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Holy Blood is an interesting band to say the least. I did not warm to them at all on their debut Странник (to say that album is schizophrenic would be a high compliment), and it took me a couple of spins on Волны танцуют to really ‘get’ what they were doing, and come to the realisation that it is not a bad album at all. Now, apparently, they’ve got a mostly new lineup and have shifted away from doing black metal completely and are performing metalcore-based ‘modern folk metal’ in the vein of Ensiferum and Eluveitie (though comparisons with both bands are necessarily slight stretches). Which is a good thing for the most part, since Christian ‘black’ metal was a fucking joke of a gimmick from the start. Now, with Ясно Солнце, they’re really going for broke on the folksy instrumentation, flute melodies and female vocal baton-passes with Fedor Buzilevich’s black-metal shrieks (with some more Viking-ish ‘hey hey’s thrown about for good measure).
Now, just a brief note on the lyrics. On first glance they look downright insipid and needlessly jingoistic in the way all too many Christian metal lyrics do – until one remembers that these guys are singing about a society which is under a very real threat from every direction, where politics is a bloody, dirty mess run by gangsters and where globalist economics threaten to tear down the institutions (most of) the people of Eastern Europe want to keep. One can criticise all one likes the tendency for people to circle the wagons when they feel their value systems are under attack, but let’s be clear up front that this is what all folk metal already does, no matter whether it’s Skyclad or Falconer or Týr or Turisas or Moonsorrow: romanticism, conservation of traditional lifeworlds and the reminder or recreation of times and battles long past are the most prominent fountainheads of inspiration for folk metal. Holy Blood hail from the city which long served as a bastion for Viking warriors who first pillaged and then took it upon themselves to preserve the ancient knowledge and Patristic religious tradition of the East, defending it, often to the death from Turkic marauders from further East and Crusaders from the West. More recently they have had to defend it from encroachments by Stalinism; by shock therapy; by NATO; by radical rightists, nationalists and neo-Nazis; by the instruments of global capitalism and finance. Small wonder they proclaim the elderly tradition loudly, and pick up the shield and axe in defence of their Church and their Holy Slavonic Motherland!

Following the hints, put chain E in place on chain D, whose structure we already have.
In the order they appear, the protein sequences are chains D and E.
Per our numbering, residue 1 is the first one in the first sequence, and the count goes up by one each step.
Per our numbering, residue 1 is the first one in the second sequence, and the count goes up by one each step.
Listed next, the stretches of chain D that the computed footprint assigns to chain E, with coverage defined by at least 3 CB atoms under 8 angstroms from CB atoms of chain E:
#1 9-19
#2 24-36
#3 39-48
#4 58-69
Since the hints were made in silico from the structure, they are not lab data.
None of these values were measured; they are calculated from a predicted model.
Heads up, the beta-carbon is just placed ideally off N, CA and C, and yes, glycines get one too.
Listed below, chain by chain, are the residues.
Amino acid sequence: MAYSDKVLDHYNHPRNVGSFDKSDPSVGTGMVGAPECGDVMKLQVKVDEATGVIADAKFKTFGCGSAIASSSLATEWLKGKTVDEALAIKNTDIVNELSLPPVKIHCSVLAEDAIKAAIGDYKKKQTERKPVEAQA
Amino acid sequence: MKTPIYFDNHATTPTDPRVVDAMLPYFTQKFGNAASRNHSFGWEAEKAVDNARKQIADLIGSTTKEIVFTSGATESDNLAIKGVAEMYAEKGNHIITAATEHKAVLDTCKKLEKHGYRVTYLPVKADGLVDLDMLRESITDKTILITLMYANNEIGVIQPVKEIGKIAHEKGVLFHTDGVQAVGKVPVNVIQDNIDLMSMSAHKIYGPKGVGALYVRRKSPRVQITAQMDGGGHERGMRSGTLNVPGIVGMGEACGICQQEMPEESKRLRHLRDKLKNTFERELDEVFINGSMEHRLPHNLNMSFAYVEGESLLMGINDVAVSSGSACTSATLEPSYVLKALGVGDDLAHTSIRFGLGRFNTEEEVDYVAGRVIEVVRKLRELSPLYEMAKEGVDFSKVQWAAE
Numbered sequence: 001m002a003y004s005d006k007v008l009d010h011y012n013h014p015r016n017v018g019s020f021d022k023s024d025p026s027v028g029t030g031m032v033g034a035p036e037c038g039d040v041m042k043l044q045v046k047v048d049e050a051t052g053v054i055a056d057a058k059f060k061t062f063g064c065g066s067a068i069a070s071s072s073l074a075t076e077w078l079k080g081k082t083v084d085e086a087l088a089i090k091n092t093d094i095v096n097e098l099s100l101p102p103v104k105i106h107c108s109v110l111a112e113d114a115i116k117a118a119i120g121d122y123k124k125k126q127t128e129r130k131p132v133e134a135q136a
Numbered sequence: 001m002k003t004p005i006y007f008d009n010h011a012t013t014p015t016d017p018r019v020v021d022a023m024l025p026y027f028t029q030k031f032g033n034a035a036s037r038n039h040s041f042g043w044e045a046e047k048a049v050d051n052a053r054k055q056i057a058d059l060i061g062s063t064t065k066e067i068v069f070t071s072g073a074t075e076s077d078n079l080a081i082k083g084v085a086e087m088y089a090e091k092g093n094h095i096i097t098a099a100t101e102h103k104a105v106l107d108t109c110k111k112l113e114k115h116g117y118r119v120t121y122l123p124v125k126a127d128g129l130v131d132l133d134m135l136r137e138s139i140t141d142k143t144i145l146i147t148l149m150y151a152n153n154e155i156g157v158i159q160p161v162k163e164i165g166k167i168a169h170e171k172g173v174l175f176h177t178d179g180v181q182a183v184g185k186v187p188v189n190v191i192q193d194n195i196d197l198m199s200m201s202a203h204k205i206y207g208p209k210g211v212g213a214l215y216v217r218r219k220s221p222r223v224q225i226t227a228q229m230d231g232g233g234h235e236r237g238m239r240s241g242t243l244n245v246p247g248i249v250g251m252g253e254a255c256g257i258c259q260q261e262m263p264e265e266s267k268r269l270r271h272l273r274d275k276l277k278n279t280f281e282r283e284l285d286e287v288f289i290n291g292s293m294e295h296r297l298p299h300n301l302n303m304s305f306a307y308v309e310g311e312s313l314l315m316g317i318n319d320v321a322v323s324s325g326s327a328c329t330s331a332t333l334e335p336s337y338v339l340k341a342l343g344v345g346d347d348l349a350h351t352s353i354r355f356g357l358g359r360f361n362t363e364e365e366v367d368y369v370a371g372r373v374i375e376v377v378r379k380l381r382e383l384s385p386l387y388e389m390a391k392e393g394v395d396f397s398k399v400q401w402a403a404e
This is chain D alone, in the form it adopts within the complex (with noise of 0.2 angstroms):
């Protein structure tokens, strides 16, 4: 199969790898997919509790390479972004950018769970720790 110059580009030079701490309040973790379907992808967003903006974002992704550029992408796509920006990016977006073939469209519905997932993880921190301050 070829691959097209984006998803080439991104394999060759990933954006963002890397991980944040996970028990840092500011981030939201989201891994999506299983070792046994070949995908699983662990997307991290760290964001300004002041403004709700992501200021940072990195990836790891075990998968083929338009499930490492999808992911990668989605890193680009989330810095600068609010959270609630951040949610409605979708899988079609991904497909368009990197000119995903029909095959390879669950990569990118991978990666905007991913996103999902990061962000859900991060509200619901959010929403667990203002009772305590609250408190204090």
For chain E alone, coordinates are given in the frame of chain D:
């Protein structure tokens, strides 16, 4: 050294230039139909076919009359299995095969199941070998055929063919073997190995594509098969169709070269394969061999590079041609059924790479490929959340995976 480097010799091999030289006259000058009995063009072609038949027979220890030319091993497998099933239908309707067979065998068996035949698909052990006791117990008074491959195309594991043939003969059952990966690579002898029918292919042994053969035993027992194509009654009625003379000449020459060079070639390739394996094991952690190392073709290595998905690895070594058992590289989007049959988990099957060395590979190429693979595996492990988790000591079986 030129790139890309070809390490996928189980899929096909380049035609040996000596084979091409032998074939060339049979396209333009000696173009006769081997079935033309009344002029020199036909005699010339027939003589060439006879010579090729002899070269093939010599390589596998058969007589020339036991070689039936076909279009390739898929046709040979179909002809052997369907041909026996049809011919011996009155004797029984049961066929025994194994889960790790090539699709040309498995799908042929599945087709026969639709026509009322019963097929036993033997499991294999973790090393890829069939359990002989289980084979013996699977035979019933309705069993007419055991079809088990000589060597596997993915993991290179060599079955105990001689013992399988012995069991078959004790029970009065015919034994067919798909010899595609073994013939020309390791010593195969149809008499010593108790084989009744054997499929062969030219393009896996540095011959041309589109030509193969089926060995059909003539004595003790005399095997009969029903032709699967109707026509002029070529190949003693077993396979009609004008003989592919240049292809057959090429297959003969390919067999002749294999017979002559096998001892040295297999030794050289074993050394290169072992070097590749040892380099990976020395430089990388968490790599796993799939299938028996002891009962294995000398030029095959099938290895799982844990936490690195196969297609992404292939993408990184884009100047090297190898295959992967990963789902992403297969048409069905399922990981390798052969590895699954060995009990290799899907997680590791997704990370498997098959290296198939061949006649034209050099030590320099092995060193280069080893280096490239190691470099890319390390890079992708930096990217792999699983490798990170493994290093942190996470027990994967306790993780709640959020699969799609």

The music is still a mixed bag. It’s far more accessible than either Странник or Волны танцуют; take that as you will – if you were a big fan of their more black-metallic sound, this will sound like a sellout album to you. You have been warned. The folk instruments and female vocals (of a very competent sort) are here far more prominent than on their previous releases. Holy Blood are at their absolute best here when they go full-bore for the tankard-waving tavern-stomper (‘По Просторам’, ‘В Ожидании’ or parts of ‘Поет Душа’), or for a subdued, haunting, epic feel (the intro passage of ‘Моя Судьба’ is truly inspired). But there are songs on here which strike me as rather derivative (the title track ‘Ясно Солнце’, sadly, is pretty much Slania-era Eluveitie redux with black-metal vocals… not actively bad, but it doesn’t really do much else; and ‘Киевская Русь’ and ‘Поет Душа’ are unintentionally hilarious at parts – just ‘cause the pipes are authentic, guys, doesn’t mean they automatically sound good) or downright lazy (such as the suspiciously mallcoreish ‘Жизнь Моя’ or the instrumental outro ‘За Порогом’, which could just as well be new-age lounge music). I will hand it to this band, though – tugging together so many different threads (hardcore punk and black metal with the tried-and-not-quite-true blend of traditional folk with Swedish melodeath) and making them work is a definite chore, and this effort at doing so is a marked improvement over their earliest material, even if it does swing them completely into the modern metal realm and away from anything that might be mistaken for extreme.
The guitar-work is competent if not always overpowering; and, rather refreshingly, unlike some other bands which rather uncreatively slap folk instrumentation or progressions on top of metal riffs, one can tell that Holy Blood made some effort at actually using the lead guitar as a folk instrument at some points. No faults on the production except a slight overemphasis of the folk instruments at the occasional expense of Ira’s bass guitar. Fedor’s vocals are very good per usual, and Vera’s pipes are in excellent condition and are used incredibly well.
Bottom line: despite this sounding quite different from all of the rest of their output as a result of their almost-total lineup change, it is competently executed, and suffers from only a few weak points. Further refinement in terms of the use of the folk instruments would be appreciated, and further experimentation such that the band doesn’t stick themselves completely into a metalcore rut, rather than just running the rails slightly.
16 / 20